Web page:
Just as the Covid-19 pandemic imposed the phrase ‘the new normal’ into peoples’ vocabularies, Putin’s war may yet reinforce it. An iron curtain of cultural boycotts and political opprobrium has already descended on Russia, with economic sanctions already being among the strongest, and most unified, in history. The operating environment – not only within Russia itself but through all aspects that Russia affects – will be forever changed; and just as with Covid, there is the slimmest of chances that this change will be for the better. But as with the evolving strains of coronavirus, the ’new normal’ created as a result of the war will be somewhat alien and uncomfortable, and the worst of it is that humanity may yet learn nothing at all.
The impact of coronavirus must not, and cannot, be underestimated even in light of Russia’s ongoing atrocities in Ukraine. A two-year period where foreign travel (and much domestically) was all but forbidden, where people’s lives were put on hold, and where businesses had to find new methods of succeeding when distancing and lockdowns created the harshest economic conditions for generations. Gradually, the shape of our future became clearer, whether this was in the new reality (such as instant lockdowns) or practicality (hybrid working and the ubiquitous Zoom call). The world wasn’t quite what it was, but we found a way through, not just to survive, but to thrive.
And then comes the Russian invasion of Ukraine and the sense that this is another ‘sliding doors’ moment barely a year after the last one. So far, much of the world has been united in its opposition to Russia’s pugilism, instituting everything from ballet boycotts to full-on sanctions against Moscow’s foundational institutions. But in the face of increasing aggression (some might say desperation) from Putin about the degree to which these measures constitute acts of war, now is the time to once again, collectively not back down in the face of the threat but to meet it on its own terms and accept social and economic changes as the price that must be paid to meet the new way of living. It simply cannot be imagined now that these measures will be lifted or even reduced, all the while the invasion continues, and Putin remains at the helm. Therefore, the way of the world is going to have to change.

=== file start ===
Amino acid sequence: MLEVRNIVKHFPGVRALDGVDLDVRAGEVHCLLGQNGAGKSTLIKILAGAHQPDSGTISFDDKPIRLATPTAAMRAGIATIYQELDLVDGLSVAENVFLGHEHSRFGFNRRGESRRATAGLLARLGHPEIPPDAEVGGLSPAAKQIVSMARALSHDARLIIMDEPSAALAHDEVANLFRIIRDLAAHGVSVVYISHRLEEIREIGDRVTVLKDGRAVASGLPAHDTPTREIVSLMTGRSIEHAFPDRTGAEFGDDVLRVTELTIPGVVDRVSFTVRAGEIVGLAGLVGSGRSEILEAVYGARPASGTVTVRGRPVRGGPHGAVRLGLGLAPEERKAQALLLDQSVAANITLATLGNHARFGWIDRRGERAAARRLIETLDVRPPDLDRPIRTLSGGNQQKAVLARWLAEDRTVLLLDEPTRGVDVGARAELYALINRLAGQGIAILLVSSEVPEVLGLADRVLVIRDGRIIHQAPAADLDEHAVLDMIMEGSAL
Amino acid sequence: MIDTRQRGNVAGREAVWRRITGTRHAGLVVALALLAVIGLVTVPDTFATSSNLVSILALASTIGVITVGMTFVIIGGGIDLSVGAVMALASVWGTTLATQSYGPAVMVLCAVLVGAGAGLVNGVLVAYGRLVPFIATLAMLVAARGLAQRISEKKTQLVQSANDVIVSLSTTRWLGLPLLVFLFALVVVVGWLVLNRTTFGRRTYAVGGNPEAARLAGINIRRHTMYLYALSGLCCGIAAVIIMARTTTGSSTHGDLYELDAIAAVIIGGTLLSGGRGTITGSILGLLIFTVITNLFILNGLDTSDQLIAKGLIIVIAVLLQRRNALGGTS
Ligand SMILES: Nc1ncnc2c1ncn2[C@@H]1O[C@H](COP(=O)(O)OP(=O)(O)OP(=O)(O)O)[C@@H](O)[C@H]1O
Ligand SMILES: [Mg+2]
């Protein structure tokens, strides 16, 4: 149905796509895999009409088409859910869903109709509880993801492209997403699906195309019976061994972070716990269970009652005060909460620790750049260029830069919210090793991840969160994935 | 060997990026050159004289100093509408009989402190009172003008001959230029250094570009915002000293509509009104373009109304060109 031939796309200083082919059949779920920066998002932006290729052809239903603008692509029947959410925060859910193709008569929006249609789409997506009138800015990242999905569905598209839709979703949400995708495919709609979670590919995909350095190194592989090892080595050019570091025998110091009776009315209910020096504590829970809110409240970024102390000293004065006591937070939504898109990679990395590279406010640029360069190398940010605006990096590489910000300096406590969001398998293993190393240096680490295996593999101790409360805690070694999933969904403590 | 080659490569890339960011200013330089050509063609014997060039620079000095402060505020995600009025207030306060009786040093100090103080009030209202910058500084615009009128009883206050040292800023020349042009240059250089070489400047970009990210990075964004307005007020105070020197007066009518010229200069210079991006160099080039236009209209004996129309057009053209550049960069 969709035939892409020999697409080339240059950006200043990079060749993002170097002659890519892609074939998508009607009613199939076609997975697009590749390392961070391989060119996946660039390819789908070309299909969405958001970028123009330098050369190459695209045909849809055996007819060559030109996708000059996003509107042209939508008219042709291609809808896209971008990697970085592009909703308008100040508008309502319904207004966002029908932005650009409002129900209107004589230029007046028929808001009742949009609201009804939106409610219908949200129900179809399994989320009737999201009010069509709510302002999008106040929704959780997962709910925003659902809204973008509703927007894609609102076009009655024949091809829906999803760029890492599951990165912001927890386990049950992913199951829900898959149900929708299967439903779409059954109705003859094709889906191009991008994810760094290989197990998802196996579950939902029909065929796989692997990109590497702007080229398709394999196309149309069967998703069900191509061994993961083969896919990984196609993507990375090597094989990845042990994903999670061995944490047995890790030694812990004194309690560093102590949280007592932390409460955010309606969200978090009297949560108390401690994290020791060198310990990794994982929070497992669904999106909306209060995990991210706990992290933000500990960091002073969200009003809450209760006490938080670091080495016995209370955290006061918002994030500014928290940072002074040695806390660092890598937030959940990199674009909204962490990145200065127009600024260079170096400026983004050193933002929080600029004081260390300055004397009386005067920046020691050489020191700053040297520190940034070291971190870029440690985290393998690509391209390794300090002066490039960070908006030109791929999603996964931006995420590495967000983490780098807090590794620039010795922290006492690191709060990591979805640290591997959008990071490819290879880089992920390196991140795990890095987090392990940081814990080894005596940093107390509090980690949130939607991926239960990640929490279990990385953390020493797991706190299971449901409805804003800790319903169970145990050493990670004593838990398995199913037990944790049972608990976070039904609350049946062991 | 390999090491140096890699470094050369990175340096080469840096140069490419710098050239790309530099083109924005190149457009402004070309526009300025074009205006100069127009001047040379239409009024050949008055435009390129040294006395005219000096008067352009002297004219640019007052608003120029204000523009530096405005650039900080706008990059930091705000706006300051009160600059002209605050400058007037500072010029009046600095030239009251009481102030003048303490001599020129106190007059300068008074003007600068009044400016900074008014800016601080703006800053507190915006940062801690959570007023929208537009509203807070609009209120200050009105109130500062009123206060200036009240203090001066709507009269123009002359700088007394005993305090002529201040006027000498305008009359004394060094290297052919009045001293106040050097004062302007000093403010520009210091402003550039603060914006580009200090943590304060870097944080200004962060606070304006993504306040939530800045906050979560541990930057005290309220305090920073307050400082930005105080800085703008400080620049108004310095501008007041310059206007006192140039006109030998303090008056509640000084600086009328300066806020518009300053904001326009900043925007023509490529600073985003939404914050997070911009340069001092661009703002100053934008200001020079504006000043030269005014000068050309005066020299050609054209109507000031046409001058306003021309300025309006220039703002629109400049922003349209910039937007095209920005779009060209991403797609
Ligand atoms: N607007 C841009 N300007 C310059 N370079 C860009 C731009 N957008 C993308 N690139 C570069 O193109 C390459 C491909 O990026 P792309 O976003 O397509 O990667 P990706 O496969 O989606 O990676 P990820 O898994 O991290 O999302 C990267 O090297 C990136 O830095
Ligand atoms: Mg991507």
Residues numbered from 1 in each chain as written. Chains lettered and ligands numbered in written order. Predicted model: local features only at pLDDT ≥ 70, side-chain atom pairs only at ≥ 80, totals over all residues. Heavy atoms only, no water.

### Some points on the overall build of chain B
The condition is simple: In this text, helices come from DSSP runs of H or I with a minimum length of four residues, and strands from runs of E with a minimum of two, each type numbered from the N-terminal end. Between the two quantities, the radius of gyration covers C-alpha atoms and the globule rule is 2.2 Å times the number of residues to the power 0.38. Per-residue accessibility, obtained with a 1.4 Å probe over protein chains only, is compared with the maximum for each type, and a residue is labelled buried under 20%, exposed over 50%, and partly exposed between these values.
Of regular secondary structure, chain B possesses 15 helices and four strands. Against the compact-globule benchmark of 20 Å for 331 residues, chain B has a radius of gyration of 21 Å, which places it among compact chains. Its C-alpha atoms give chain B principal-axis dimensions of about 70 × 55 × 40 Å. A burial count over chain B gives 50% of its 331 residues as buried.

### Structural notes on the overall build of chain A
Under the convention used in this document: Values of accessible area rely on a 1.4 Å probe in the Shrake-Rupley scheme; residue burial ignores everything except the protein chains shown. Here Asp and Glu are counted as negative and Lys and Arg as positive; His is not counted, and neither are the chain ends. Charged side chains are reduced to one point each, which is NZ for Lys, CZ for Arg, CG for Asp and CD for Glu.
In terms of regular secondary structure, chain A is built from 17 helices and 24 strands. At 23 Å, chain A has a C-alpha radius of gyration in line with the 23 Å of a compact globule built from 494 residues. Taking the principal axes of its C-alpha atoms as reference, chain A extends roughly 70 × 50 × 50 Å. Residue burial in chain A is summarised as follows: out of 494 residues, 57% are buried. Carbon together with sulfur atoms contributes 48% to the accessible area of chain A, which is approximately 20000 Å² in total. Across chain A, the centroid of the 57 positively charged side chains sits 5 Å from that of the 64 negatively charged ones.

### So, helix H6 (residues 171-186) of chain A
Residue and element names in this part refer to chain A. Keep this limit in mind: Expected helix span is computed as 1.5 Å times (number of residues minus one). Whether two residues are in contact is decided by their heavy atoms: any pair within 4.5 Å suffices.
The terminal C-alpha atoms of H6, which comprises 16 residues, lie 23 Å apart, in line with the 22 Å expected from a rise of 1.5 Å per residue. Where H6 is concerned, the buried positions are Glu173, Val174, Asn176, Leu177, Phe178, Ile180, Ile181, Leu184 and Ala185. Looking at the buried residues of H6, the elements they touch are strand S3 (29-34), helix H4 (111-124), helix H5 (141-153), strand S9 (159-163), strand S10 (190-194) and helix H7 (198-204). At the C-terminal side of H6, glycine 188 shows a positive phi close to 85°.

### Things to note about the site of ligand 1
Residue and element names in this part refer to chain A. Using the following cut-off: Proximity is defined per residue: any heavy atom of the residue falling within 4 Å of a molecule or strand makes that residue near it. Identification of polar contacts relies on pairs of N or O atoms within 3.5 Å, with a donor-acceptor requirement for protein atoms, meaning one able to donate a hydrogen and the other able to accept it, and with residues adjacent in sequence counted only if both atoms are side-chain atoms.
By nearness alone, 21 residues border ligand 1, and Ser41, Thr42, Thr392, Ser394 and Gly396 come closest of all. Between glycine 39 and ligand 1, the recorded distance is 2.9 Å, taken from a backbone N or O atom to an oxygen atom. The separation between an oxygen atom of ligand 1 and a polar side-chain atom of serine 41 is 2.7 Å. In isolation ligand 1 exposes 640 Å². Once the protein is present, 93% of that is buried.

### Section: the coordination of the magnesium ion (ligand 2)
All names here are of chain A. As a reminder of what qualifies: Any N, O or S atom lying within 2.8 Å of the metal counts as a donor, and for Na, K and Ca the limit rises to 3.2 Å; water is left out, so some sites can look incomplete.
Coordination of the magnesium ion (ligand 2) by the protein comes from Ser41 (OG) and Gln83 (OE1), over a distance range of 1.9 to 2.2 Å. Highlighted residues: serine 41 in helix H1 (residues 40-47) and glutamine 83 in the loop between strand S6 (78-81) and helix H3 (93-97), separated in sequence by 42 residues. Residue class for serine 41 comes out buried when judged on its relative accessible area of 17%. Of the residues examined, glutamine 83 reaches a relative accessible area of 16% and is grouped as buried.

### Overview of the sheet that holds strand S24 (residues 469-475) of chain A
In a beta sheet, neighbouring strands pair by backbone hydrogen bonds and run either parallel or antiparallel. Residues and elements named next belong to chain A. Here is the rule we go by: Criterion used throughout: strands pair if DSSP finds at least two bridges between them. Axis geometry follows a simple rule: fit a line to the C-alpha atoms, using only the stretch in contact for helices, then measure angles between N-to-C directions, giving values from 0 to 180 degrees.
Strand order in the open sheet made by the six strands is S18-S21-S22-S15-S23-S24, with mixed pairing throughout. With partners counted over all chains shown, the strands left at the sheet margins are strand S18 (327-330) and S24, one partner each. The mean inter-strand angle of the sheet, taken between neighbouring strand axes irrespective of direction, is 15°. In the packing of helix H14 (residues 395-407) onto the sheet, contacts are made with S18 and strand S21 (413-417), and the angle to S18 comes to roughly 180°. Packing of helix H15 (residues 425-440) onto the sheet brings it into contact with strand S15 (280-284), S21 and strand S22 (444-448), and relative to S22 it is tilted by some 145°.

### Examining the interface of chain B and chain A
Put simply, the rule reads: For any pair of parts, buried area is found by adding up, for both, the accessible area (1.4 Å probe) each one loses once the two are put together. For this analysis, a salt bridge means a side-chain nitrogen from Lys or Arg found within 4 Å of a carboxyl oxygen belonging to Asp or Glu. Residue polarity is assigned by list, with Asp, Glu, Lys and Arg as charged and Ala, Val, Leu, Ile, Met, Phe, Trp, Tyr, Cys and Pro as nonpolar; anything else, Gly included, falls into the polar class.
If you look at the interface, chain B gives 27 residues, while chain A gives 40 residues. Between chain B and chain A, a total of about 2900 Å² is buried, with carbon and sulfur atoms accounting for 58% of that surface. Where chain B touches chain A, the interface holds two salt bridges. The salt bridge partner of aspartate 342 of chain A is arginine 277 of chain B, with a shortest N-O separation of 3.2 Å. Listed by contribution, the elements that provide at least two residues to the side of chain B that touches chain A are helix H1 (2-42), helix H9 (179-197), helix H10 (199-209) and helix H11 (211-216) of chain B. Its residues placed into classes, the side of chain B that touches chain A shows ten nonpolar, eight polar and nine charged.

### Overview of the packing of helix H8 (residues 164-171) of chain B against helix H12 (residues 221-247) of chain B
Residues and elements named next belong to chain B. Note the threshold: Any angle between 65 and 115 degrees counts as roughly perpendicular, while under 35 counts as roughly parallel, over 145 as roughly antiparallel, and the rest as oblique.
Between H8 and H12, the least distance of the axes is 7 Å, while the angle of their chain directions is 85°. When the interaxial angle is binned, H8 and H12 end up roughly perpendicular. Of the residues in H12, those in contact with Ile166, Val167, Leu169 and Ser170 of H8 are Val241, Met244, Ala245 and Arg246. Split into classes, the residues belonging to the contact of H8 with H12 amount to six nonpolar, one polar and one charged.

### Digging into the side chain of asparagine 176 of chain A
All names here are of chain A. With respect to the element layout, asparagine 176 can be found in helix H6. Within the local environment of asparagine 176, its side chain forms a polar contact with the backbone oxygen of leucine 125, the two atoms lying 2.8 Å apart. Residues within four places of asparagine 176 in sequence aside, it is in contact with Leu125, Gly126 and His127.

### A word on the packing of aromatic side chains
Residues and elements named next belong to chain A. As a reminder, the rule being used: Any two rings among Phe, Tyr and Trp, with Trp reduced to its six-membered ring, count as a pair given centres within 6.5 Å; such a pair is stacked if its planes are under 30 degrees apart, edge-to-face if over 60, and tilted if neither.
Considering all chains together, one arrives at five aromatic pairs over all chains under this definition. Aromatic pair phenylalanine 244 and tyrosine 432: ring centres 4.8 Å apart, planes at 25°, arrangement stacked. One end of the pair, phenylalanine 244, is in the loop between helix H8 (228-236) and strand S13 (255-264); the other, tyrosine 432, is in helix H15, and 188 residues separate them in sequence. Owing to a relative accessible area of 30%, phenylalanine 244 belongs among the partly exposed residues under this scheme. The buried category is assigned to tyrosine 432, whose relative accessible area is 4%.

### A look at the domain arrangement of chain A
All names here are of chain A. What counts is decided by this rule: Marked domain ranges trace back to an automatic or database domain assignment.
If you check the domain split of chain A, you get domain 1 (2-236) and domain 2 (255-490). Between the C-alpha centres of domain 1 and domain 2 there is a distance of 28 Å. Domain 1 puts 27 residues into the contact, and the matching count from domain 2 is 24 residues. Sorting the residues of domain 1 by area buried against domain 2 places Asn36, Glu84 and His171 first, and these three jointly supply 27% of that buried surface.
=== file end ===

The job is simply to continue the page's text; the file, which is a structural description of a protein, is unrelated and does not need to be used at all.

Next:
Already, there has been a great deal of introspection about the degree to which the Russian political and criminal elite have sunk their claws into Western democratic societies through institutions, finances and influence, and a growing sense that this is a matter that must be addressed all the while that Russia is regarded as effectively a rogue state. But this line of thought must be followed to its other end, too – the business done in Russia and for Russians, which might now be charitably said to be ‘contentious’ and uncharitably, to be directly propping up the regime.
What would this mean in practice? Certainly, there is a school of thought that argues against any association with any Russian entity, on the understanding that the tendrils of political corruption and organised crime run so deep that these are unavoidable despite the best intentions, and that only a message delivered in the strongest possible terms – complete and utter disassociation – will have an effect. But even if this does not happen, there are considerations at every level. The use and choice of a krysha, a political figure chosen for their ability to open doors and provide protection, will now spark fears of making a company reliant on a Politically Exposed Person. Ongoing partnerships in key oil/gas industries could give greater concern about colluding with the corrupt figures that always orbit the most vital of industries. And scoping exercises aimed at establishing a company within the Russian market for the first time, drawing criticism for choosing this particular environment when the record of human rights abuses and immorality on the part of the political elite (that body which out of necessity, all serious business must run) is so plain. All that is sure is that business in Russia cannot, and perhaps should not, go back to how it was, and that the ‘new normal’ must be built on a far stronger platform of diligence, scepticism and self-reflection about the value of Russian business and connections. Not only how these are done, but whether they should be at all.
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